Blackhawks: Kirby Dach Might Just Be The Real Deal After Playoffs

Kirby Dach #77, Chicago Blackhawks (Photo by Jonathan Daniel/Getty Images)
Kirby Dach #77, Chicago Blackhawks (Photo by Jonathan Daniel/Getty Images) /

After making the Blackhawks roster straight out of training camp, Kirby Dach turned quite a few heads. He kept this trend going throughout an impressive rookie season, as well as throughout the Stanley Cup Playoffs.

If you flashback to June 21, 2019, you might remember being frustrated. The Chicago Blackhawks had just used the 3rd overall pick in the 2019 NHL Entry Draft to select Kirby Dach, a 6’4 forward who played for the Saskatchewan Blades of the WHL. Why would Chicago use this pick to draft another center after Dylan Strome had just had a breakout season in his debut season with Chicago?

Now over a year later, many of us could not imagine the Blackhawks without Dach on the roster. Dach made an impact as soon as he was inserted into the lineup in October, as he was sidelined at the beginning of the season due to a concussion he sustained in a prospects game in September. He tallied his first NHL goal in only his second game, tallying the Hawks lone goal in a 2-1 shootout loss to Vegas on October 22nd.

From that night and throughout the rest of the season, Dach proved that he belonged in the NHL. He went on to finish the season with 8 goals and 15 assists for a total of 23 points in his rookie campaign. This total surpassed #1 overall pick Jack Hughes’s production and was equivalent to what #2 overall pick Kaapo Kakko was able to generate.

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Kirby Dach Information:

Age: 19
Contract: 3 Year Entry-Level Deal through 2022-23 Season ($925,000 AAV)
Games Played: 64 Regular Season; 9 Postseason
Goals: 8 Regular Season; 1 Postseason
Assists: 15 Regular Season; 5 Postseason
Points: 23 Regular Season; 6 Postseason

Season Rating: A-

Kirby played about as well as anybody could have hoped for this season. In the regular season, he was very noticeable in games. Even though he was unable to get on the scoresheet consistently, he was able to generate quite a few scoring chances every night the Hawks played. He ripped off a 5 game point streak twice this season, as he had one in November and the other in January.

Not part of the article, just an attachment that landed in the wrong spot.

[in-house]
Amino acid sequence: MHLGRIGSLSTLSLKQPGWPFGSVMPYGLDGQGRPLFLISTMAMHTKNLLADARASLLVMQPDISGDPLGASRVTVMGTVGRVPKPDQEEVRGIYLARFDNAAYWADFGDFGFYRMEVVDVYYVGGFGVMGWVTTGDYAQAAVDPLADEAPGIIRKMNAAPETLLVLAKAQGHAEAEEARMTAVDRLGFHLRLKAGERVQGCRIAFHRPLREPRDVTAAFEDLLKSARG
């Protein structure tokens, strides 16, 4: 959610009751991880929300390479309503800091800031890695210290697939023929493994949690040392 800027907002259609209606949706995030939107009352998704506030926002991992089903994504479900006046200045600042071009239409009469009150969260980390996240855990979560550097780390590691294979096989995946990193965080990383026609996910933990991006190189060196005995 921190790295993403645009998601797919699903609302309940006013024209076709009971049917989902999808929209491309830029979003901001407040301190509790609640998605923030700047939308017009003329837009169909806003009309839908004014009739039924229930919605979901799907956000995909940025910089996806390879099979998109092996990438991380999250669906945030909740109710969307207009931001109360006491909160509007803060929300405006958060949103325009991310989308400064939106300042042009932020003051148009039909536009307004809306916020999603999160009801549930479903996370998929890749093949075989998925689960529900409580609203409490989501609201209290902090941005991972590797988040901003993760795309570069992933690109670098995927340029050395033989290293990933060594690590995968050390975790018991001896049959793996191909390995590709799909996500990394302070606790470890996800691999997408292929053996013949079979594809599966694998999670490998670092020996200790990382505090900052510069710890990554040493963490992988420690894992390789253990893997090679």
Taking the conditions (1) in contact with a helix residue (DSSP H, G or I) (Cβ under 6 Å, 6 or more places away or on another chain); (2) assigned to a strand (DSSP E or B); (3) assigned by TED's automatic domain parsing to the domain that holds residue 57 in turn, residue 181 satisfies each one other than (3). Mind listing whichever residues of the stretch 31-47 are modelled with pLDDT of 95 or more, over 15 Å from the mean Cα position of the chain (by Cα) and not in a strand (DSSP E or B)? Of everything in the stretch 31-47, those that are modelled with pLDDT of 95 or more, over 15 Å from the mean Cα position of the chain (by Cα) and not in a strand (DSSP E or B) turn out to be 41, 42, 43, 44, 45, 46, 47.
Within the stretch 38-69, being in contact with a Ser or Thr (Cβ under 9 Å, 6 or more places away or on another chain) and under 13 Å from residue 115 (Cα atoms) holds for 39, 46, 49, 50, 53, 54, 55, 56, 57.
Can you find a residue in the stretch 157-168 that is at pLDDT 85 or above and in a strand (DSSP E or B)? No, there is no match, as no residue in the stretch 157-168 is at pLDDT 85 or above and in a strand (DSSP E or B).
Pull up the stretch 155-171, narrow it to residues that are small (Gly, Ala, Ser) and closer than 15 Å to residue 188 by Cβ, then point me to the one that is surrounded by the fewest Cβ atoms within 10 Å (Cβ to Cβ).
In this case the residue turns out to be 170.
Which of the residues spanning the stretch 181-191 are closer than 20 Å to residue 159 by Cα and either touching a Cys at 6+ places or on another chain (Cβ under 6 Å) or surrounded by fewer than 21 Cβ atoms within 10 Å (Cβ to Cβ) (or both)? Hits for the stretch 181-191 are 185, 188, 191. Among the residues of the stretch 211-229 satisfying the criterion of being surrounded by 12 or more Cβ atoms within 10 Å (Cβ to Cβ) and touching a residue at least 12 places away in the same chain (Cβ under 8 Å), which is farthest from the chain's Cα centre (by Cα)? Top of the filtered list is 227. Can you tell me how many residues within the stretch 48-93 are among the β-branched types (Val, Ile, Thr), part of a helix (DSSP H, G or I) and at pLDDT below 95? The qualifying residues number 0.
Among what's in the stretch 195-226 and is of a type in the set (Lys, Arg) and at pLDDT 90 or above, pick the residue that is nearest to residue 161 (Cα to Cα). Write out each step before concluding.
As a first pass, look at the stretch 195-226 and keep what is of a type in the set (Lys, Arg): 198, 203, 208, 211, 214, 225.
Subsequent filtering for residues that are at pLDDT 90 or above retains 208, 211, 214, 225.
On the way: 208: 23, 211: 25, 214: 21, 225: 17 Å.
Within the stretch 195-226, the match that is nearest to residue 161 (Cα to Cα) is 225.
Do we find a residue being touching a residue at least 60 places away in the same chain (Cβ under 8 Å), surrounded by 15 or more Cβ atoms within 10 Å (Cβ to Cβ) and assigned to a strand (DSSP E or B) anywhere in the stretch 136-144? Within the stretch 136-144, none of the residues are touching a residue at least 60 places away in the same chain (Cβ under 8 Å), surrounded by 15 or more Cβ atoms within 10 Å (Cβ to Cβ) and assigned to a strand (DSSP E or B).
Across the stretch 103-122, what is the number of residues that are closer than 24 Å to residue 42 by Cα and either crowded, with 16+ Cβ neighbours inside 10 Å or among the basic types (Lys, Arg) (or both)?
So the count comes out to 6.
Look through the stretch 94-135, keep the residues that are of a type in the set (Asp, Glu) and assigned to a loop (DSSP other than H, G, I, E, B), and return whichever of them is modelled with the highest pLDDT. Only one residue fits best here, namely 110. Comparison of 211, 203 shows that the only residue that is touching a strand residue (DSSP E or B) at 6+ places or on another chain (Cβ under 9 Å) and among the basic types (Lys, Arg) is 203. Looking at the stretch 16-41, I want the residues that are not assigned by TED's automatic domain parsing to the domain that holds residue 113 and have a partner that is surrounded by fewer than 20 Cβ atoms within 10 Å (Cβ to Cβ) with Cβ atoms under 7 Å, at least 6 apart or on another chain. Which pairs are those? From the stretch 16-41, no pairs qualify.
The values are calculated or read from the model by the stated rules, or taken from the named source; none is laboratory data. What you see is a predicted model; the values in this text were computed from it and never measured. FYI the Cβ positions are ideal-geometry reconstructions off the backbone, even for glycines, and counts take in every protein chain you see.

After the regular season was cut short due to the Covid-19 pandemic, Dach continued to train by himself and strived to elevate his game to the next level. He went to the weight room to put on more muscle and he bulked up quite a bit. Once hockey resumed, the bigger frame paid off for the youngster in a big way.

In the Stanley Cup Qualifiers series against Edmonton, Dach was laying the body more than ever. He had 13 hits in the 9 games he played in the playoffs, equivalating to an average of 1.44 hits per game. When you compare that to the 33 hits he tallied in the 64 games (.516 hits/game) during the regular season, it is quite a substantial difference. This shows a sign that Dach’s confidence improved a lot throughout the work stoppage.

This new aggressive style also helped his offensive production in the playoffs. Kirby led Chicago’s forwards in the Time on Ice category in the postseason, averaging a whopping 19 minutes and 24 seconds per game. During his playoff debut, he had a point per game average of .667 which nearly doubled his regular-season output of .36 PPG.

He played well during the series against the Vegas Golden Knights that even Knights’ head coach Peter DeBoer took notice. “He’s one guy that has caught my eye here,” said DeBoer.  “In the live games I’ve watched of other teams, I thought that he’s a kid that used the four months and came back and really looks like a different player.” Clearly, Kirby looks to be on the rise and a staple on the Blackhawks for years to come.

Fit with the Blackhawks:

It’s really clear that Dach is progressing at a rapid pace. This could be perfect timing for the Blackhawks and their current cap situation. Since Strome is a free agent in the upcoming offseason, Kirby’s play could elevate himself to the second-line center role, should the Hawks choose to let Strome walk.

Strome is projected to be asking around $5-6 million per season, and if Dach is ready for that big of a role, it might be the time that the Hawks decide to let Strome go. Kirby’s level of play will allow Chicago to save that money and use it to improve the roster elsewhere.

With Jonathan Toews getting older, don’t be surprised if Kirby even steps up into the #1 center role in a few years either. When Toews decides to hang them up, I could certainly see Kirby following in Jonathan’s footsteps and being named the team captain, especially if he keeps up his current work ethic.

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For now, we will have to wait and see what the young Canadian has in store for us next season. If his playoff performance was any indication, then I cannot wait to see how Dach will perform in the future.